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Although it's easy to be cynical, this announcement by the DOJ today could potentially be a real turning point in ending the War on Drugs.

The federal government will not try to pre-empt Washington’s law allowing adults to use recreational marijuana.

In what state officials described as a “game changer”, U.S. Attorney General Eric Holder announced Thursday it will focus attention on several key areas of illegal marijuana production and sales, but will allow Washington and Colorado to continue setting up a system for legal marijuana to be grown and sold to adults.

While marijuana remains illegal under federal law, Holder's memo instructs prosecutors to focus on eight areas where state and federal law basically agree:
-Preventing marijuana distribution to minors
-Preventing money from sales from going to criminal groups
-Preventing the diversion of marijuana from states where it is legal to other states where it is illegal
-Preventing criminal groups from using state laws as cover for trafficking of other illegal drugs
-Preventing violence and the use of illegal firearms
-Preventing drugged driving
-Preventing the growing of marijuana on public lands
-Preventing marijuana possession or use on federal property

NORML praised the decision, calling it historic:

“This is a historic step forward,” stated NORML Communications Director Erik Altieri, “Assuming the Department of Justice stays true to their word, these states and others will no doubt move forward with the state-licensed regulation of cannabis for adults. The public has evolved beyond the simplistic, failed policies of cannabis prohibition and are seeking pragmatic, regulatory alternatives. It is encouraging to see that the federal government no longer intends to stand in their way.”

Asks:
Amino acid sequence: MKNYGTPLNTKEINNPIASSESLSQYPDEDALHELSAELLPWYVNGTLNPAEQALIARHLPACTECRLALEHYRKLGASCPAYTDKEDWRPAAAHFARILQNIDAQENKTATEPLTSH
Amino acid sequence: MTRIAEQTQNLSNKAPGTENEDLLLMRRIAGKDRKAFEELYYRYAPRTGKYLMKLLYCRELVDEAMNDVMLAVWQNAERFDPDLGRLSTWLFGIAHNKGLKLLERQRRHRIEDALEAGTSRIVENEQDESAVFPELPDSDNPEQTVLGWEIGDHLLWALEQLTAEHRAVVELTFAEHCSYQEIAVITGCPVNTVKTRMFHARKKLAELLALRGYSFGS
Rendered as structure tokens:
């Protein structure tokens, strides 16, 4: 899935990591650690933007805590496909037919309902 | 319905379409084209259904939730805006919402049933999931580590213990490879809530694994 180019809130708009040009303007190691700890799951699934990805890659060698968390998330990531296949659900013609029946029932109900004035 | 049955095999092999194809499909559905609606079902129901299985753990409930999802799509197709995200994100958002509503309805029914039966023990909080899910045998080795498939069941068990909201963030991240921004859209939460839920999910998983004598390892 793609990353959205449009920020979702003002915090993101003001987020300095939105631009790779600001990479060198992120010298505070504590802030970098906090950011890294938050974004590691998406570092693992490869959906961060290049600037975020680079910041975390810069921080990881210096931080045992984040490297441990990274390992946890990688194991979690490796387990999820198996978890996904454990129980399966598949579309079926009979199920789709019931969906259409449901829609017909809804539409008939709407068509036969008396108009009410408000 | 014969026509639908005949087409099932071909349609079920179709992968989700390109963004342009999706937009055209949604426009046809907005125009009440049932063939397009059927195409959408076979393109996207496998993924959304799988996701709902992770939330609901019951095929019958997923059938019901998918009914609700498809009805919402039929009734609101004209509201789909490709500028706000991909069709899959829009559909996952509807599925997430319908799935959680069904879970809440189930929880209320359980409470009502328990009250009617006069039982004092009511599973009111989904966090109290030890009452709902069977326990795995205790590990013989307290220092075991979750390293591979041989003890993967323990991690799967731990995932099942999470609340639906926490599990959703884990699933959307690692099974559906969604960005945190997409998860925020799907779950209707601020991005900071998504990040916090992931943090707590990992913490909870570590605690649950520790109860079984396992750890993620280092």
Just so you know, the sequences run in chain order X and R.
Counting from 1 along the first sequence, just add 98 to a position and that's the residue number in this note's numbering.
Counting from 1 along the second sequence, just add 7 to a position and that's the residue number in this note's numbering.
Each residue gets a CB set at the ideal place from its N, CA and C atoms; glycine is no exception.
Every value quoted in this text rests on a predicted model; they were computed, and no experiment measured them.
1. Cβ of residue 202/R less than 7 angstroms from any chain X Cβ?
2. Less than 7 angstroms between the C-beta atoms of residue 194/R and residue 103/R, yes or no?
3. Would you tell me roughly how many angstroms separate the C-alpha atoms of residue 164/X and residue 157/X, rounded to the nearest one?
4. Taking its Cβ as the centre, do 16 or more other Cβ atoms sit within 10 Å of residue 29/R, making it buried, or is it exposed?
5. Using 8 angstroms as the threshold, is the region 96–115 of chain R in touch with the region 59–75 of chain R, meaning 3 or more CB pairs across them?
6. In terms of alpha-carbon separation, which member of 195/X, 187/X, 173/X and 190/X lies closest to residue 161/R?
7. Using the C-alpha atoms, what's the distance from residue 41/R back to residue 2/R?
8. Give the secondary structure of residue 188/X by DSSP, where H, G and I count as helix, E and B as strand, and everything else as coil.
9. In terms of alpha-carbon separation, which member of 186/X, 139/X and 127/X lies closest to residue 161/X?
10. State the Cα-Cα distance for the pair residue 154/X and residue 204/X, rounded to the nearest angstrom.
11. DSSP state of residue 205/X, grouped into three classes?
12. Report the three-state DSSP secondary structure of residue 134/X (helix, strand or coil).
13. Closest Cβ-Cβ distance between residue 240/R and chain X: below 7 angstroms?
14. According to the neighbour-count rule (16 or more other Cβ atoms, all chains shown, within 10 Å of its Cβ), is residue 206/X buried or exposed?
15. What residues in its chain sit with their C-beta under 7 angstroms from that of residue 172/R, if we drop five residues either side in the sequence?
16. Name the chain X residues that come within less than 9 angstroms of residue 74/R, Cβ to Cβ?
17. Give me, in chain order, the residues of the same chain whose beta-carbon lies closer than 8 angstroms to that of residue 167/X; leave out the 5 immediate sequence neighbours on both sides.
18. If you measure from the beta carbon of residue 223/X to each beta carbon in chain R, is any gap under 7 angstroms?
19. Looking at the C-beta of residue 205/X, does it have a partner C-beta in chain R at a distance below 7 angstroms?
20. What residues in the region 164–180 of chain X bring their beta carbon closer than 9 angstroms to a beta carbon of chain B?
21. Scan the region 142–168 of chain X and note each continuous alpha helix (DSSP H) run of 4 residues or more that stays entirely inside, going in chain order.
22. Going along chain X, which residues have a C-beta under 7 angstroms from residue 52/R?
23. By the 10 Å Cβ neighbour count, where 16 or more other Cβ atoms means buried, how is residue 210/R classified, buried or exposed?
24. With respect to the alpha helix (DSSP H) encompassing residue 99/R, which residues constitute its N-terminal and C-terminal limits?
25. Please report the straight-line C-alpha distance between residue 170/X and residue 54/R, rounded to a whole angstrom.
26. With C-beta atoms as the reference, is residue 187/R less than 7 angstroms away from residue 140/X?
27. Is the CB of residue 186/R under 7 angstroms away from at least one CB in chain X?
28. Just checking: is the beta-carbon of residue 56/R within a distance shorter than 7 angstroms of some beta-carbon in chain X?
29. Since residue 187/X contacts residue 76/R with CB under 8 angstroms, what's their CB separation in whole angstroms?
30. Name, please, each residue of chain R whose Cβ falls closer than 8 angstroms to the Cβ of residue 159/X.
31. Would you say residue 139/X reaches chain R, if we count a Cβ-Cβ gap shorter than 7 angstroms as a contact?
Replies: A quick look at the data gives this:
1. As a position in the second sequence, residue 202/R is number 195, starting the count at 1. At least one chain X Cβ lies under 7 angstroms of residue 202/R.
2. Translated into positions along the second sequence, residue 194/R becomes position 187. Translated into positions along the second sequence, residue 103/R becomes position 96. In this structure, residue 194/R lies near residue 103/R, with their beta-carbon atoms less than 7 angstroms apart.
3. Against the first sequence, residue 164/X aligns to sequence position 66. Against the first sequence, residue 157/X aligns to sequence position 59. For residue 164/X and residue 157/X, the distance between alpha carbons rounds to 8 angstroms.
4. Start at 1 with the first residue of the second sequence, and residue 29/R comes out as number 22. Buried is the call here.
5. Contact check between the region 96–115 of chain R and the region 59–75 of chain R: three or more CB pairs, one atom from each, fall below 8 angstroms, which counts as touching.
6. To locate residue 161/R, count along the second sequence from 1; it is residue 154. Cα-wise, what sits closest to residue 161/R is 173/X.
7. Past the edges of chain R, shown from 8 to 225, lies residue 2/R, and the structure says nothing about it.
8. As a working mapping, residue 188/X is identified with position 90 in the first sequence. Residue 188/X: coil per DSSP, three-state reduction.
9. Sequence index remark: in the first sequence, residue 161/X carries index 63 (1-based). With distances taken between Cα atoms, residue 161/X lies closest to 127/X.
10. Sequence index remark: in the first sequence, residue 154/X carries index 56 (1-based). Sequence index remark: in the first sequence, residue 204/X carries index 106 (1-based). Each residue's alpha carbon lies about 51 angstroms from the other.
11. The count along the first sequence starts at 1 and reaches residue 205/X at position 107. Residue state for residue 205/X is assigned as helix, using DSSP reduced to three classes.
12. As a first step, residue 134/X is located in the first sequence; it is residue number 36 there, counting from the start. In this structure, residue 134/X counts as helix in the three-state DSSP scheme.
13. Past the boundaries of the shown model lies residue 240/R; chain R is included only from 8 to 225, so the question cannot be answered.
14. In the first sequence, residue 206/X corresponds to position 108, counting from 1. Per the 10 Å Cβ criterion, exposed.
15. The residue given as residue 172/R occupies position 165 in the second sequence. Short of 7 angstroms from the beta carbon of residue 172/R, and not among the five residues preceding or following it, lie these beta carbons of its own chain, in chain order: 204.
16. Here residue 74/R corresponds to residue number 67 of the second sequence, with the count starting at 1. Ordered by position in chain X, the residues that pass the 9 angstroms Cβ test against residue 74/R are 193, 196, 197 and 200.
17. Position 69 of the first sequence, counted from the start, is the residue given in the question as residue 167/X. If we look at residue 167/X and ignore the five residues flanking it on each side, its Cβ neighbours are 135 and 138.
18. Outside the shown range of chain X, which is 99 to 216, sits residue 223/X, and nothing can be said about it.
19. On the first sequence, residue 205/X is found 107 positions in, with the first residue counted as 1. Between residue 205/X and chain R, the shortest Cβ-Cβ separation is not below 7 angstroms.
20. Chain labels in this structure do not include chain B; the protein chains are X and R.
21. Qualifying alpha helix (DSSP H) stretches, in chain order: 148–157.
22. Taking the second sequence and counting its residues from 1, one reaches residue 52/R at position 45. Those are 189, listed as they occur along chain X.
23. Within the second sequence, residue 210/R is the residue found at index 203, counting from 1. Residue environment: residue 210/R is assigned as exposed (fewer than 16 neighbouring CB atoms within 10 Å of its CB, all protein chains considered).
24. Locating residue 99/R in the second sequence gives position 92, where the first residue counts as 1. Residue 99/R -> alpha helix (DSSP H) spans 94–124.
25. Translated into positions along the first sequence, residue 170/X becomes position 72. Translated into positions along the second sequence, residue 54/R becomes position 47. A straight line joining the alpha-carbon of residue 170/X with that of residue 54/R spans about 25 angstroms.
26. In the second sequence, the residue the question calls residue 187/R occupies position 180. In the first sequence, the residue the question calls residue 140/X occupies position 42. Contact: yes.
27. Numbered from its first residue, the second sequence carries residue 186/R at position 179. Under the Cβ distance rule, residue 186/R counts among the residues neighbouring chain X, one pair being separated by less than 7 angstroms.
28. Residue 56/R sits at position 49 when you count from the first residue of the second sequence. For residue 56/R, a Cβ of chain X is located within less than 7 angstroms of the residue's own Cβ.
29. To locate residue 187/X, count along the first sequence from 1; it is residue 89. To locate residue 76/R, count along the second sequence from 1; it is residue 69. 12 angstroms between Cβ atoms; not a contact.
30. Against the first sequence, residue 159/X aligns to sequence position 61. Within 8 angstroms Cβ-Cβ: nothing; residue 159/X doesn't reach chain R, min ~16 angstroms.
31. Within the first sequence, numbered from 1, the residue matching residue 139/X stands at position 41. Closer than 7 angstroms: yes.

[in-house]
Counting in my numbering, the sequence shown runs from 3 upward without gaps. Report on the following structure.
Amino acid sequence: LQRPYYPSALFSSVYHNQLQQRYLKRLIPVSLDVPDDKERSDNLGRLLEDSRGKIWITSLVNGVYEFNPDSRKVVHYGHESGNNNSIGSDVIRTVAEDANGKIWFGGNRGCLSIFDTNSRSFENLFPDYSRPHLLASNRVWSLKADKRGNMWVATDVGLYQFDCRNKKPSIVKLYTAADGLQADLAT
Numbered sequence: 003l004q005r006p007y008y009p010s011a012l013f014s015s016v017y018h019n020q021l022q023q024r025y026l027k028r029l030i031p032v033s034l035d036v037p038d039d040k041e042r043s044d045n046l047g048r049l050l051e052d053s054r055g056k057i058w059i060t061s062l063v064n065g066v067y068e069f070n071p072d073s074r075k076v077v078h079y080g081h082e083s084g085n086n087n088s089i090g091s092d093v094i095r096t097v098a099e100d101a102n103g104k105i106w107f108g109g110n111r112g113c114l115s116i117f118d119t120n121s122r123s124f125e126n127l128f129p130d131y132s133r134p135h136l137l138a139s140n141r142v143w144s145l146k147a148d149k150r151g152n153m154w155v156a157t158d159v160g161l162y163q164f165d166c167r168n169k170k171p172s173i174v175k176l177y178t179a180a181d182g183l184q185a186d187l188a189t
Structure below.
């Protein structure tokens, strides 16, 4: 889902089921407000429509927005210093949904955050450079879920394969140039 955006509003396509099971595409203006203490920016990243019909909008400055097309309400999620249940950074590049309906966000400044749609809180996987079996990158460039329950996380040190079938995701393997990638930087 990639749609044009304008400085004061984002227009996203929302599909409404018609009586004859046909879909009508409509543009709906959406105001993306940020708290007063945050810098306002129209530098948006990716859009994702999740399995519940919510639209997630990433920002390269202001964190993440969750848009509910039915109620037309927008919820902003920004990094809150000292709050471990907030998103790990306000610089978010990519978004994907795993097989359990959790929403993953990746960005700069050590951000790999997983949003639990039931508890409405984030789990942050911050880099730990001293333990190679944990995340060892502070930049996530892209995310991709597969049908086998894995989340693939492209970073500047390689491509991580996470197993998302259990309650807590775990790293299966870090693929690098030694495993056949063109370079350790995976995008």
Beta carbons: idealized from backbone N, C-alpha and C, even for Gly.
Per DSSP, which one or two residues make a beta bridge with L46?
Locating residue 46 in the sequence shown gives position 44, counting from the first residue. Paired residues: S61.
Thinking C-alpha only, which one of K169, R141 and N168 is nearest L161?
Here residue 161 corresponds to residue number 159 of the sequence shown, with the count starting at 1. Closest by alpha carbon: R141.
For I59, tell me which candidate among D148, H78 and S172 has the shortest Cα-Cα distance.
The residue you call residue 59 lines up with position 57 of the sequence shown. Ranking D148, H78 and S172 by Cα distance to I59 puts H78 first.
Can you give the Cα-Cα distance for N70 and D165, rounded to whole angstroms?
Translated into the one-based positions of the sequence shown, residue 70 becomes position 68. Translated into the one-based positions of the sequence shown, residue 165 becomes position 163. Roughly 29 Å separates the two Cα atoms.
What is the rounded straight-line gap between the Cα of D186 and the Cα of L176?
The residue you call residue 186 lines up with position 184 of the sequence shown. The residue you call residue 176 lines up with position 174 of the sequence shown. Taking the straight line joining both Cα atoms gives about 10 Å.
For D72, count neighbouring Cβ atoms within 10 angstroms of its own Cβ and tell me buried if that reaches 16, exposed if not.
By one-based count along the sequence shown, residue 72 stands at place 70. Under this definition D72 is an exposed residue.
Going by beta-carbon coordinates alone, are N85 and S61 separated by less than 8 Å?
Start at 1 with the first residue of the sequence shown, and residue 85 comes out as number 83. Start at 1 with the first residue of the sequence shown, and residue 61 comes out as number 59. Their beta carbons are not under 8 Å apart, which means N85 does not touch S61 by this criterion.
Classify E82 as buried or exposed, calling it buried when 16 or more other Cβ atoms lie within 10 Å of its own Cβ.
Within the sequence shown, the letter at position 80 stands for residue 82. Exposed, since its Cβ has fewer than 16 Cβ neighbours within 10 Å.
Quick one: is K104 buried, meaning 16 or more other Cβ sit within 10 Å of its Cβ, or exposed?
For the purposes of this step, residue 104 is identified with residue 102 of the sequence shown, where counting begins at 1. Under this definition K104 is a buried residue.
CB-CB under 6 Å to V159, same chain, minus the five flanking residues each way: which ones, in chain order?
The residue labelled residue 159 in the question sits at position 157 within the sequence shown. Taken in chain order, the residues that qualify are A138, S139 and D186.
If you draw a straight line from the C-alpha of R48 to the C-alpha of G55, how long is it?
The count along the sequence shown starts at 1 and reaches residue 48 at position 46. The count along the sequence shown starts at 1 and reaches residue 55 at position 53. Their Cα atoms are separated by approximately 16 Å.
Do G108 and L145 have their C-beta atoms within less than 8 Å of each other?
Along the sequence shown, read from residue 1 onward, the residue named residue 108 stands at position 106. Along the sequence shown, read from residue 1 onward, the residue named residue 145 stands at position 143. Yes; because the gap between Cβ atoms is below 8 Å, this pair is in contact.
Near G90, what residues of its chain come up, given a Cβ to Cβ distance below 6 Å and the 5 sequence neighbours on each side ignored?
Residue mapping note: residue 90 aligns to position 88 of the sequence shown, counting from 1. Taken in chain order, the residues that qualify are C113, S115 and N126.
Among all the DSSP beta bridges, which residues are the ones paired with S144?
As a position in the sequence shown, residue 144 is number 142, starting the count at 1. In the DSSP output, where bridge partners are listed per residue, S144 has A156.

Other activists had a more mixed reaction to the news:
This is a very positive development but I also recommend taking a “trust but verify” approach with any administration’s announcement regarding marijuana policy. The administration previously promised a hands-off approach when it comes to medical marijuana but then took many controversial steps to impede the use and sale of medical marijuana.

For now this appears to be very good news, but I will withhold full judgment until I see it in practice.

Reactions from here in Washington State, including Democratic Governor Jay Inslee:
“We have found a way forward,” Inslee declared in a news conference, thanking Holder and President Obama and signaling that much more work is ahead.

“What I’m hearing from the federal government is that they believe there’s a reason to trust the states of Washington and Colorado,” Inslee said. “We’re going to need to show that this system works.”

Initiative 502 campaign manager Alison Holcomb said in an interview that Holder’s decision was “incredibly exhilarating.”

“I’m very excited for the Washington voters that they now have clarity that they will in fact get to lead the nation in taking a new approach to marijuana,” she said.

Notably, Chris Christie, widely viewed as one of the frontrunners for the Republican nomination in 2016, had a different take:
"I think it's a mistake by the Attorney General, frankly. There is no such thing as medical marijuana, it's just marijuana," Christie said. "He essentially by fiat legalized marijuana in Colorado and Washington.That's certainly something I would never do in New Jersey."

"That's to be decided by the congress and president, not by the Attorney General," Christie told reporters during an unrelated press conference in Point Pleasant Beach.

Christie has said publicly that he would never sign a bill pending in the New Jersey legislature if it ever reached his desk.

Here's the full Justice Department memo (PDF).
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